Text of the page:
Despite massive investments, San Francisco has struggled to find lasting solutions for the thousands of unsheltered people sleeping on the city’s streets each year.
In July 2016, the city launched the Department of Homelessness and Supportive Housing to help consolidate solutions for the problem. With a budget of $667.8 million in the current fiscal year, the department delivers most of its core services through nonprofit service providers, some of whom have longstanding relationships with the city.
This week, Mayor London Breed and the mayors of ten other California cities asked Gov. Gavin Newsom and the state legislature for $3 billion over three years to address homelessness. San Francisco would receive roughly $45 to $50 million in flexible homelessness funding per year, according to Breed's spokesperson, Jeff Cretan.
Since 2018, the department has made more than $1 billion in payments to nonprofits, including $268 million in the current fiscal year, according to a database maintained by the controller’s office. Operators of supportive housing, navigation centers and shelter-in-place hotels came in as the largest recipients of funds. An investigation by the Chronicle found widespread problems with safety, sanitation and a high rate of death among residents of supportive housing sites; an earlier story by The Standard found similar results at one site, The Granada Hotel.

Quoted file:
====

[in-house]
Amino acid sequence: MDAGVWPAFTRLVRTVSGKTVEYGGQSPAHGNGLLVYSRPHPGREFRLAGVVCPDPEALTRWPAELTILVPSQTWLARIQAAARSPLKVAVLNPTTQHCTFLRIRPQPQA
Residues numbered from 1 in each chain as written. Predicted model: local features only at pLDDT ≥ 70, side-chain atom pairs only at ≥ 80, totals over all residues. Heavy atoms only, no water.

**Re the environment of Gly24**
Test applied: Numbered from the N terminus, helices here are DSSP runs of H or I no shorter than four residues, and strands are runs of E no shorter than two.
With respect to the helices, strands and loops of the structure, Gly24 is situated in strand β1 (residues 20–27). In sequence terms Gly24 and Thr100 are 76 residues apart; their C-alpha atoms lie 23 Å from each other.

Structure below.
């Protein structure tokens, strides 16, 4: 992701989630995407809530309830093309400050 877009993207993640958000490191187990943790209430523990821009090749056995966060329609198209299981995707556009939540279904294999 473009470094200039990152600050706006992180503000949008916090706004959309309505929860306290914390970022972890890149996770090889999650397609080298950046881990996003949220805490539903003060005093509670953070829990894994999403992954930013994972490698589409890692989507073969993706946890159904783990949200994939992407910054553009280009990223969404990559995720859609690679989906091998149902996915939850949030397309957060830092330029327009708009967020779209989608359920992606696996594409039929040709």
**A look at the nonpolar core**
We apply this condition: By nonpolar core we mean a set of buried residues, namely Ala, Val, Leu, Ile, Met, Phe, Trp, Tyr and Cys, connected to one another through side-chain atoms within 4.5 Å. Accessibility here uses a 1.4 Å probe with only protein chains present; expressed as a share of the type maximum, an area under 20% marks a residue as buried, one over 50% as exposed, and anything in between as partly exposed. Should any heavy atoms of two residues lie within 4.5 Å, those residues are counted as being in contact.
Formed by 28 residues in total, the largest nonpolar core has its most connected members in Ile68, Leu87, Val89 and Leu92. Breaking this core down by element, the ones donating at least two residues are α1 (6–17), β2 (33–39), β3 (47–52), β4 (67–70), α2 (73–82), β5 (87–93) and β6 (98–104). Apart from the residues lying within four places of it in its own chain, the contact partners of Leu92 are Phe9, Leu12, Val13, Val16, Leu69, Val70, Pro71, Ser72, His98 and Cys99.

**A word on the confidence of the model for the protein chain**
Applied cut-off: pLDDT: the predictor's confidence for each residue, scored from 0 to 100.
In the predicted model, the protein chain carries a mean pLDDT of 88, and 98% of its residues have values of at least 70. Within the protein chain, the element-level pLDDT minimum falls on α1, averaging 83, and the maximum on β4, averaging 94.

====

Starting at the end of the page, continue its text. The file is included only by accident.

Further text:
The top-paid nonprofit, Episcopal Community Services, manages a mix of 45 contracts with the homelessness department for a sum of $44 million in fiscal 2022. It has received more than $175 million in the past five years from the department, according to the Controller.
The Tenderloin Housing Clinic ranks second on the list, has ten contracts to run permanent supportive housing sites which have accounted for $33 million in spending so far this year. The Tenderloin Housing Clinic manages a total of 25 buildings.
HSH has spent $8 million so far this year on the nonprofit Urban Alchemy, which did not receive any funding from the homelessness department in 2018 but has quickly risen to the eighth highest-paid spot on the list. In 2018, the city began paying Urban Alchemy to manage public bathrooms, and the nonprofit now maintains a myriad of contracts to perform security, case management and shelter services. In February, the Board of Supervisors awarded an $18.7 million, three-year contract to run a 250-person homeless shelter in Lower Nob Hill.
Other top-paid nonprofits are a mix of housing and service providers. Also on the list are Tides Center, which describes itself as a “nonprofit accelerator,” and Heluna Health, a provider of health-related services.
David Sjostedt can be reached at email@example.com